NHTSA works to save lives, prevent injuries, and reduce economic costs due to road traffic crashes, through education, research, safety standards, and enforcement due to motor vehicle crashes. We do this by advancing innovations that make vehicles safer and by encouraging Americans to make safer choices when they drive, ride and walk. Our goal: An America free from deaths and injuries in motor vehicle-related crashes. Our commitment to safety means including all who share the road — drivers, cyclists and pedestrians alike. And it means harnessing the skills and knowledge of a talented and diverse workforce. America is at its best when it draws upon the talents of Americans of all backgrounds.
Jobs at NHTSA
Our Jobs: Variety of Opportunities
Search for Jobs at NHTSA
Our latest jobs are posted at USAjobs.gov.Search USAJOBS
NHTSA’s employees work in a variety of occupations — testing vehicles, keeping car buyers informed, and fighting to get vehicles with defects recalled, working with local law enforcement to keep drunk drivers off the road and enforce safety laws. But there’s one thing all of these occupations have in common: at NHTSA our job is saving lives.
To accomplish our mission of reducing deaths and injuries due to motor vehicle crashes, NHTSA:
Helps make vehicles safer
- Conducts research on how vehicle improvements and other technological advances can better protect people in a crash and reduce the likelihood of crashes.
- Ensures the safety of vehicles and drives innovation by setting safety standards for vehicles under the Federal Motor Vehicle Safety Standards (FMVSS).
- Works to keep vehicles and certain vehicle equipment with safety-related defects off our roads.
- Sets and enforces Corporate Average Fuel Economy (CAFE) standards to make vehicles more fuel efficient.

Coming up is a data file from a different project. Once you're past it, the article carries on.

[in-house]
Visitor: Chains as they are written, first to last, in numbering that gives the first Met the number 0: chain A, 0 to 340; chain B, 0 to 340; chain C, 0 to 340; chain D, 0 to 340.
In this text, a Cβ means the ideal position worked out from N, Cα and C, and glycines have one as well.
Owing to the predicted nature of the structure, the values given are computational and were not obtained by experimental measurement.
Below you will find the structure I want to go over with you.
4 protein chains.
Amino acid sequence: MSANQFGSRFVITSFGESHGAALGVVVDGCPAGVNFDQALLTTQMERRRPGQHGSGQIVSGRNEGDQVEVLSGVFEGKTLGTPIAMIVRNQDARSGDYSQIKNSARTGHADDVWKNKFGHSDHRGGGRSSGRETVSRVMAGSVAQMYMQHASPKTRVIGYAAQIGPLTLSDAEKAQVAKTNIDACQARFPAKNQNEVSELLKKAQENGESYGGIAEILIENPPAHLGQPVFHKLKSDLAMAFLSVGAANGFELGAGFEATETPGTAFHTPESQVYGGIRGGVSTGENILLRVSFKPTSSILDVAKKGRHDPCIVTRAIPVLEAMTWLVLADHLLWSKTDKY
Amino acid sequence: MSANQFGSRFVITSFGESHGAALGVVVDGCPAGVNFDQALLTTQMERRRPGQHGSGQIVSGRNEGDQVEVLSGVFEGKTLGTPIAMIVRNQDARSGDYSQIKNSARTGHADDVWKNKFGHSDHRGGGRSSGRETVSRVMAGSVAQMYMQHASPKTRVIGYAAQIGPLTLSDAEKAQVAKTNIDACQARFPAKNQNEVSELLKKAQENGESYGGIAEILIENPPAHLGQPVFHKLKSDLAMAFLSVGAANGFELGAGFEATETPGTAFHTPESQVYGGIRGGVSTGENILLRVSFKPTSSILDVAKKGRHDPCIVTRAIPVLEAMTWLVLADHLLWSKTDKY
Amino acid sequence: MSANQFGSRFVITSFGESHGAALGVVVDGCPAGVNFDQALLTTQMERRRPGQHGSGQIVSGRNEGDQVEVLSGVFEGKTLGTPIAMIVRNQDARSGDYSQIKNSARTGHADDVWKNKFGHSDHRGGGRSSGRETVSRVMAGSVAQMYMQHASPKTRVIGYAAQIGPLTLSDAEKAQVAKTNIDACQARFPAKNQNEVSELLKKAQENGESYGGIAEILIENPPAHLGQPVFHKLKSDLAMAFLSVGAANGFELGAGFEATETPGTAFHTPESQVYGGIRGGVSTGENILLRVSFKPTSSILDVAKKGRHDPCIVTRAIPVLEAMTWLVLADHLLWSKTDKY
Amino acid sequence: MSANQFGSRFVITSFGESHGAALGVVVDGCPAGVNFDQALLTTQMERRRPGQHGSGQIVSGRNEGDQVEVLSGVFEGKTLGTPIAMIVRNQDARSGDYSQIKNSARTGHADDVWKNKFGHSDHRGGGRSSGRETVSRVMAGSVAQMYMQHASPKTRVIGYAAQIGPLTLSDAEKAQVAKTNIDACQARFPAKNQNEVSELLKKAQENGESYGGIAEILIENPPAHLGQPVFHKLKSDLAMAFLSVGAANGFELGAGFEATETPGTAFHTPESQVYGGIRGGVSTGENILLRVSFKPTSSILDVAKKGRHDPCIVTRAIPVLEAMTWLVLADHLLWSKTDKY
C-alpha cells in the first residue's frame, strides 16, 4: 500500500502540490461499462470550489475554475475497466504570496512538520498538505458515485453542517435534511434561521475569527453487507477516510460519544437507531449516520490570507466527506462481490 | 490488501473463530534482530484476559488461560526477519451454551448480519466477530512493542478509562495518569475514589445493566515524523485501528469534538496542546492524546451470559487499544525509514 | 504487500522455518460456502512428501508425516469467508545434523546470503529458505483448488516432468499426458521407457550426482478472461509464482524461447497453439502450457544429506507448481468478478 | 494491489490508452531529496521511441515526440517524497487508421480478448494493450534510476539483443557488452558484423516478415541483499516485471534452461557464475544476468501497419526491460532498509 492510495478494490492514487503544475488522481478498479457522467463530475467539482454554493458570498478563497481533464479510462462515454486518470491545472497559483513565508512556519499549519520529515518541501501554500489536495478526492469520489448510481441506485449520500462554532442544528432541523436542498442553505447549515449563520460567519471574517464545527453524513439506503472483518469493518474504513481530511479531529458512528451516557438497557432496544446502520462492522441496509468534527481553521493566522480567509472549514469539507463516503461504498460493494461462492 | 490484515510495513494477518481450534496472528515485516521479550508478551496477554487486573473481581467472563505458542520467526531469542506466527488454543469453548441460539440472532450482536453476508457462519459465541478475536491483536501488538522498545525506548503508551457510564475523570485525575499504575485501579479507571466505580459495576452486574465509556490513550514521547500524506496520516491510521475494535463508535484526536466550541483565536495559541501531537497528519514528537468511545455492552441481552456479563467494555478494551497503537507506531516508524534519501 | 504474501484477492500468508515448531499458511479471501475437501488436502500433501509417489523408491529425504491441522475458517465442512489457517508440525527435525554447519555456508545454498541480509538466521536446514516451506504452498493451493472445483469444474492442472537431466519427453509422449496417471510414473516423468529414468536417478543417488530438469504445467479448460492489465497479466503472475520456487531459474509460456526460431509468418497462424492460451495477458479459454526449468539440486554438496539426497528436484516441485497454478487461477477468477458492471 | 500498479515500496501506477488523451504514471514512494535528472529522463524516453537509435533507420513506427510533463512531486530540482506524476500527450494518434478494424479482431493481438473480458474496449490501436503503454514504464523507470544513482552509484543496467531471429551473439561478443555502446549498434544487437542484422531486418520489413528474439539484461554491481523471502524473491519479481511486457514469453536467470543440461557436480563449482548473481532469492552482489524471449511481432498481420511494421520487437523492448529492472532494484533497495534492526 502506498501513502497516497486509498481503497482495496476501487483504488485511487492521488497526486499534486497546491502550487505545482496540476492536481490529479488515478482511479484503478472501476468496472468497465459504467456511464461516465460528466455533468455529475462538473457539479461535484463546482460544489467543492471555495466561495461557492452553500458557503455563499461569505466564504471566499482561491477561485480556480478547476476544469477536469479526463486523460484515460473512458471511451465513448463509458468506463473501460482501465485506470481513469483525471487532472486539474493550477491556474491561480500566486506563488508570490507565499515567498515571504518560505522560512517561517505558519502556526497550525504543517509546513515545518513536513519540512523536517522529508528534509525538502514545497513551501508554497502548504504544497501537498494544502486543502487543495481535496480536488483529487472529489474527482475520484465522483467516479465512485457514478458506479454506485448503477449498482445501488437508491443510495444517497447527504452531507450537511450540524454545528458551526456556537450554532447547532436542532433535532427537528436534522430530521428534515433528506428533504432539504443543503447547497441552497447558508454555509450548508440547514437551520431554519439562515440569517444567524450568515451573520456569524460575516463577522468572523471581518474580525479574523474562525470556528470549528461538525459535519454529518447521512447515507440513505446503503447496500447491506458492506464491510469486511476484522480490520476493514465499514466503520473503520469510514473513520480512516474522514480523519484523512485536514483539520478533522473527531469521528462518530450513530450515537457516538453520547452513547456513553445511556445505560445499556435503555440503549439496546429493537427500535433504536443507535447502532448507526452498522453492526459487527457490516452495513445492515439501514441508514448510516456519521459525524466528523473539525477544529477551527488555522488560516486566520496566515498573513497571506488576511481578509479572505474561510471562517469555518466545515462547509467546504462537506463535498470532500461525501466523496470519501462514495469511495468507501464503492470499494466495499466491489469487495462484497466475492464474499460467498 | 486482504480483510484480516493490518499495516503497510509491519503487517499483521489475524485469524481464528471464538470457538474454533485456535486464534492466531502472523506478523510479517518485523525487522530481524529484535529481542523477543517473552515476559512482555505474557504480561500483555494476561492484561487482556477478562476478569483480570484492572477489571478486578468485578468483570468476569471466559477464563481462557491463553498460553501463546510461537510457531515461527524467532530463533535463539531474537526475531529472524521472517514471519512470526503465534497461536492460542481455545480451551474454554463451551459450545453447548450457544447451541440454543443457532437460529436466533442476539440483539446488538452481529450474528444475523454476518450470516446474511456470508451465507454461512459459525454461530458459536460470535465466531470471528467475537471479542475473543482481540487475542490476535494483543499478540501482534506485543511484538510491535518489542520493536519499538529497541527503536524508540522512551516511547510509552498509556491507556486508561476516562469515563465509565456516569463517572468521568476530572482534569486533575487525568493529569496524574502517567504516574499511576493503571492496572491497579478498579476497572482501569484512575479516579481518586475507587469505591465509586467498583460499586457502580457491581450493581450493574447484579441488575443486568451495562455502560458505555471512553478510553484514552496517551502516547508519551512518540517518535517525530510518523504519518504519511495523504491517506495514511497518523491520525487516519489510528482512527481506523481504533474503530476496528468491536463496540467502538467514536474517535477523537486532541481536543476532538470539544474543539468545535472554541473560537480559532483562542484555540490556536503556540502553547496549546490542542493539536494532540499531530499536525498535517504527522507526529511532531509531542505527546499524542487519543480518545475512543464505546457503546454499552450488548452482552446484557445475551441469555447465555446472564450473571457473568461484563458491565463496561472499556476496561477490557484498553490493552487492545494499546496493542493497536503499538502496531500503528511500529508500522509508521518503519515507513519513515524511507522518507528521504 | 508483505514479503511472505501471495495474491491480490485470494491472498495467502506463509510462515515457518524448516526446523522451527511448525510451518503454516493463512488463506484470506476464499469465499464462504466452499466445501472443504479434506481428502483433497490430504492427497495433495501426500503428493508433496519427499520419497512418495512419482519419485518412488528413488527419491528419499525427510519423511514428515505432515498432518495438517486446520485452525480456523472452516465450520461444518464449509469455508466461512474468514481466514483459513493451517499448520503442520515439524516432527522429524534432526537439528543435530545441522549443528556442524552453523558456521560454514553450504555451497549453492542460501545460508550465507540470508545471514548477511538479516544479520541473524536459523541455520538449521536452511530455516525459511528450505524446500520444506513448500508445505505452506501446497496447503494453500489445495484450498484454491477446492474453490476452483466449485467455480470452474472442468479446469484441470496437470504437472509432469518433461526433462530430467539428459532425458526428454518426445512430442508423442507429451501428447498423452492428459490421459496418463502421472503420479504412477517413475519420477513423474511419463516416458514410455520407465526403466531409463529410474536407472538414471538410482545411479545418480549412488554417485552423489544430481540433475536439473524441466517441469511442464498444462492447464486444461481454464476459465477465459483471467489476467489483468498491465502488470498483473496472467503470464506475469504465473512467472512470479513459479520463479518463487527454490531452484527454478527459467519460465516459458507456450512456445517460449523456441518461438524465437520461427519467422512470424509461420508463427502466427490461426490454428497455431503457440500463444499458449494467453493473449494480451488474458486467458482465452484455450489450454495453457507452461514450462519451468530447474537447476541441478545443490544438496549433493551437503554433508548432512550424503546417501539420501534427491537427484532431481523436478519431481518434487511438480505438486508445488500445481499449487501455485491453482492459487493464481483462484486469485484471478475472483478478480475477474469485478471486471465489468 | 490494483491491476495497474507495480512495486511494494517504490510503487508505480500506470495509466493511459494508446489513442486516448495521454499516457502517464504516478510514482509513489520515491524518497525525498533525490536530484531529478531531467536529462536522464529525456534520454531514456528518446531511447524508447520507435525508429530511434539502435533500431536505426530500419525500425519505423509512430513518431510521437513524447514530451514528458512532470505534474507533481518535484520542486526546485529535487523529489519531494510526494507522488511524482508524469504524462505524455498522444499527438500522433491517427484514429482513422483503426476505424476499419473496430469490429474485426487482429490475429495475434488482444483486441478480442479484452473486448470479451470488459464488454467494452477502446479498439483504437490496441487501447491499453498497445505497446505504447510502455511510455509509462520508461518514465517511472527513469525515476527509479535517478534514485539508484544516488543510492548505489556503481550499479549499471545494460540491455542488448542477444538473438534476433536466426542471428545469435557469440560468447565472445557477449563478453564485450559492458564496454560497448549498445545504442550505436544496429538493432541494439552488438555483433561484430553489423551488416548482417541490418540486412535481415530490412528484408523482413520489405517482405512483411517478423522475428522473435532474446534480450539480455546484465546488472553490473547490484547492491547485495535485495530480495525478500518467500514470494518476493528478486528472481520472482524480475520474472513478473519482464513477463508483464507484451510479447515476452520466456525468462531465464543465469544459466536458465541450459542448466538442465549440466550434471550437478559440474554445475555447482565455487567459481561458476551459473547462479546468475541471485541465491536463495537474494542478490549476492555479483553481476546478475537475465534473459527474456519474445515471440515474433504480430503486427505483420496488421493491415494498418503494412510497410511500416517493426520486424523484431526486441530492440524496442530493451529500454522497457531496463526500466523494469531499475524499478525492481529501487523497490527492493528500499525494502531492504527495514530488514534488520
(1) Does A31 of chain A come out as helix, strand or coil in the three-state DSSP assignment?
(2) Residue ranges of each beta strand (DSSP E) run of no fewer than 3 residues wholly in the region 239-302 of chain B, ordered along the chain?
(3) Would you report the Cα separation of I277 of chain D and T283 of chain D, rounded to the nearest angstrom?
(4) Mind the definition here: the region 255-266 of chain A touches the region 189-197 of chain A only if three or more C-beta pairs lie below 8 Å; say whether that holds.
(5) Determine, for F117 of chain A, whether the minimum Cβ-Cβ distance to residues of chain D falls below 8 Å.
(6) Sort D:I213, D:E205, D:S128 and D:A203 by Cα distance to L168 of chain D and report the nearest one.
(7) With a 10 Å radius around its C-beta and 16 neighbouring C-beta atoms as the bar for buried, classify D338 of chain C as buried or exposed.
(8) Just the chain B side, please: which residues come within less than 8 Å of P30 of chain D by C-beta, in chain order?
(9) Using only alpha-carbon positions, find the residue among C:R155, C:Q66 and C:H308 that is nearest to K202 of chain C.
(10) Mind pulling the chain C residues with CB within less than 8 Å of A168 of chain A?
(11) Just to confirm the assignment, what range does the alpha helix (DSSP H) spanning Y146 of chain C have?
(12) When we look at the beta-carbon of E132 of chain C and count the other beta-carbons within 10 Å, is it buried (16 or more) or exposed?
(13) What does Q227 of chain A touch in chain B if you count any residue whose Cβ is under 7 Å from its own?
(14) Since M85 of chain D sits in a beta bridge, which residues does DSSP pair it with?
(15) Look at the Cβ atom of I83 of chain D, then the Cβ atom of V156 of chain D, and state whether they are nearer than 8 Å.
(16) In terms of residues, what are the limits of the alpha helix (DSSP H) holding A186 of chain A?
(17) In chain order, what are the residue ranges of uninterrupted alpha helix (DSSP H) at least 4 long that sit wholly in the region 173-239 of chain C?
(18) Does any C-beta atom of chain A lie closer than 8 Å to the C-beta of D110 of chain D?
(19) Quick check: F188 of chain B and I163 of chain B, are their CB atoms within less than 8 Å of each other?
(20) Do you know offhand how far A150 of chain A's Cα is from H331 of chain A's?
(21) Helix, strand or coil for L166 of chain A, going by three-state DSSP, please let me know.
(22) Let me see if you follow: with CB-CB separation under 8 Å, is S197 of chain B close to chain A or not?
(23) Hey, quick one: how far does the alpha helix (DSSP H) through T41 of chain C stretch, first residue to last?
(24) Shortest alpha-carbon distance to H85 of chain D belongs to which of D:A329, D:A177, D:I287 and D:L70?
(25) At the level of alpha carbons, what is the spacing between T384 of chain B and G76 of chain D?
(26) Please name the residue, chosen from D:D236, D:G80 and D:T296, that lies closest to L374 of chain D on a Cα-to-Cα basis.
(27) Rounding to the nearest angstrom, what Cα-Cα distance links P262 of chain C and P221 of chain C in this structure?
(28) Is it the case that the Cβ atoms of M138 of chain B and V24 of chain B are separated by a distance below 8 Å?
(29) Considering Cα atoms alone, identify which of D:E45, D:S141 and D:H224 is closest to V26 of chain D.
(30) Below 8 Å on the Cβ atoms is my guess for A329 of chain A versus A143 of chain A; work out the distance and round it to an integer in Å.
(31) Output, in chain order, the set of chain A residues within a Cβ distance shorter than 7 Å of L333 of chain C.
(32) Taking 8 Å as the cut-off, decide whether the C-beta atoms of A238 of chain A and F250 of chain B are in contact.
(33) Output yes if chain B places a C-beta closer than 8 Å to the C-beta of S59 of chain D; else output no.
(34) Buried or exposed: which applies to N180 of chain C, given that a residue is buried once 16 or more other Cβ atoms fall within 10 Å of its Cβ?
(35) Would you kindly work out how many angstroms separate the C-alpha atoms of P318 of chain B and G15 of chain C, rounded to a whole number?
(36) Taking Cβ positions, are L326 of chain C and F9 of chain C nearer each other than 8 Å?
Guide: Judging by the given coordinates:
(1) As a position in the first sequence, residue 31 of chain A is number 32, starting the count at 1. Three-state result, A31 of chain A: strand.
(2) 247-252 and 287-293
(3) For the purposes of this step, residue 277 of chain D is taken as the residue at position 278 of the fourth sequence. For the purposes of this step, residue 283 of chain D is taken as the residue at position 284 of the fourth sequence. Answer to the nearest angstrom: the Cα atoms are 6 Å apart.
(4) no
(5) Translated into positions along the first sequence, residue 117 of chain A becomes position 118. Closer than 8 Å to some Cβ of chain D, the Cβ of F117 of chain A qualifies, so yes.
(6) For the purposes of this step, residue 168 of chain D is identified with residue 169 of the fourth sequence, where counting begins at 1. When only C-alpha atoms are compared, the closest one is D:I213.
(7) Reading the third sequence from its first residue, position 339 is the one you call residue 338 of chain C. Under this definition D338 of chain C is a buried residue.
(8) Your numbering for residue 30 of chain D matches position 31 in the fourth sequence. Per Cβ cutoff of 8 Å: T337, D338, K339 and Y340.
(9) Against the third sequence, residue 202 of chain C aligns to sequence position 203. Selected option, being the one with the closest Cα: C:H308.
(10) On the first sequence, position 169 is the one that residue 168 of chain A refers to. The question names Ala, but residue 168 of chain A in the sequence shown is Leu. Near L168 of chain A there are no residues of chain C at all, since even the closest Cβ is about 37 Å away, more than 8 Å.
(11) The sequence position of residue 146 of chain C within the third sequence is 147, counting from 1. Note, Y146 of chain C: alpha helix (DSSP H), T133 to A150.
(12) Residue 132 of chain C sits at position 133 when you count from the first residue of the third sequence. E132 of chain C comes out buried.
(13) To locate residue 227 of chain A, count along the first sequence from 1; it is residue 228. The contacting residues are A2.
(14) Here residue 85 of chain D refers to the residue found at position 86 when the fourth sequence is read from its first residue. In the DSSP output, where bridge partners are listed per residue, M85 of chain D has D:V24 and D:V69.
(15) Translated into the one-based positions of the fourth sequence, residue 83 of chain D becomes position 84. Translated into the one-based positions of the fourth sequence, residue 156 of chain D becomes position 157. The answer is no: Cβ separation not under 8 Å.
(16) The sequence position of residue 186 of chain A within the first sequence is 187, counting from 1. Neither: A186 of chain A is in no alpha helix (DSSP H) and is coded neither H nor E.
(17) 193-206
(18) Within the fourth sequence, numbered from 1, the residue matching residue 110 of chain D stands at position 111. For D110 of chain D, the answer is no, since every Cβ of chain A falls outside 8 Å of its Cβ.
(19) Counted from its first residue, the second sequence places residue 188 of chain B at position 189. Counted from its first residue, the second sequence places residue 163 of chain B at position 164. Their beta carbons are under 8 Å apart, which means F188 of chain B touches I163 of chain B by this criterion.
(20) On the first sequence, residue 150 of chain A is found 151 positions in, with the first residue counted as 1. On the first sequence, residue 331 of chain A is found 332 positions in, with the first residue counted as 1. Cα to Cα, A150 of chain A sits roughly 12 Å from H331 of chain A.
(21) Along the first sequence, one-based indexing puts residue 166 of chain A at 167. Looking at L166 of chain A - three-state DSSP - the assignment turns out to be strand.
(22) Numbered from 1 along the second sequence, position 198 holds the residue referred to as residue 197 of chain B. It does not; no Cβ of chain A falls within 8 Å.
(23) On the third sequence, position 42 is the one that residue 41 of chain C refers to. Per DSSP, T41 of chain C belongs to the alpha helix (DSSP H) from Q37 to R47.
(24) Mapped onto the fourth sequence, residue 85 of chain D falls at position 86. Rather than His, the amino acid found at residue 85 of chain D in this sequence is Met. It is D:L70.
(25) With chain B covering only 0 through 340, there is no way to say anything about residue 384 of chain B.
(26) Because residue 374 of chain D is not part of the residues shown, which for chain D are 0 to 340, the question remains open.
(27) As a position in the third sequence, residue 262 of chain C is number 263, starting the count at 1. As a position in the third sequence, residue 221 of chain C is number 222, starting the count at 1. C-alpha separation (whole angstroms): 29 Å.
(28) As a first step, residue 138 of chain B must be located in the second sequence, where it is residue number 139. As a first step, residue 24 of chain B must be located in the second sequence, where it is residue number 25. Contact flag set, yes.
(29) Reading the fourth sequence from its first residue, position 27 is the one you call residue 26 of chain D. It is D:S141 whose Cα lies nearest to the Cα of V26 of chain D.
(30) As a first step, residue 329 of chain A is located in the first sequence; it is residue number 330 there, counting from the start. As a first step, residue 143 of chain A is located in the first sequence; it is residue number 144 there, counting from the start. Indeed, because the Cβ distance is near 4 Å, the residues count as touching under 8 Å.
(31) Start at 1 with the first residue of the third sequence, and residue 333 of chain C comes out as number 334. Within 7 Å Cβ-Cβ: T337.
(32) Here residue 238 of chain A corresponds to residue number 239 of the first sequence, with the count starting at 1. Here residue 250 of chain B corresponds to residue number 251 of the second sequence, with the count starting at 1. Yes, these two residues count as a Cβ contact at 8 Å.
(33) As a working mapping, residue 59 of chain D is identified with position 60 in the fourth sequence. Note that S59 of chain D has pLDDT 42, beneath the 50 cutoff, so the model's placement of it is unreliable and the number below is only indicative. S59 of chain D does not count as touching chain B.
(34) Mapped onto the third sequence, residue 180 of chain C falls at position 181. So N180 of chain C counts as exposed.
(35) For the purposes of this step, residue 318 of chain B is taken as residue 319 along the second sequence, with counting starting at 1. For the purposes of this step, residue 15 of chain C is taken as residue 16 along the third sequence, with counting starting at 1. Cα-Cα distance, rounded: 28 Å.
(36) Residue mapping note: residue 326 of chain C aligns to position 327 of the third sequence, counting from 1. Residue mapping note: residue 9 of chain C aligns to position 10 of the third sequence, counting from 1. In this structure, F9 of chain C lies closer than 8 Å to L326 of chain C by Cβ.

- Enforces prohibitions against odometer fraud and helps to prevent auto theft.
Encourages safer choices on the road
- Provides grants to state highway safety agencies to solve their unique highway safety challenges.
- Works with state and local law enforcement to ensure we all obey the rules of the road.
- Teams with other safety partners to address specific safety challenges, such as drunk and distracted driving.
- Educates Americans about dangerous driving behaviors and things they can do to protect themselves and others.
- Conducts research, demonstrations, and evaluations programs related to driver, passenger, motorcyclist, bicyclist, and pedestrian behavior.
- Collects crash data, analyzes traffic safety problems, and measures effectiveness of safety efforts.
- Supports local Emergency Medical Services (EMS).
Federal Application Process
All NHTSA job opportunities, including select internship opportunities, can be found on USAJOBS. Once you create your profile, you can search for jobs. It's best to sign into your profile before searching. Why? Your information can be used to improve your job search results. You can also use filters such as location, salary, work schedule or agency to narrow your results.
USAJOBS provides an excellent summary of the federal application process, including how to search for jobs and prepare an application. You can also save a search and set up notifications when new jobs are posted that match your search criteria.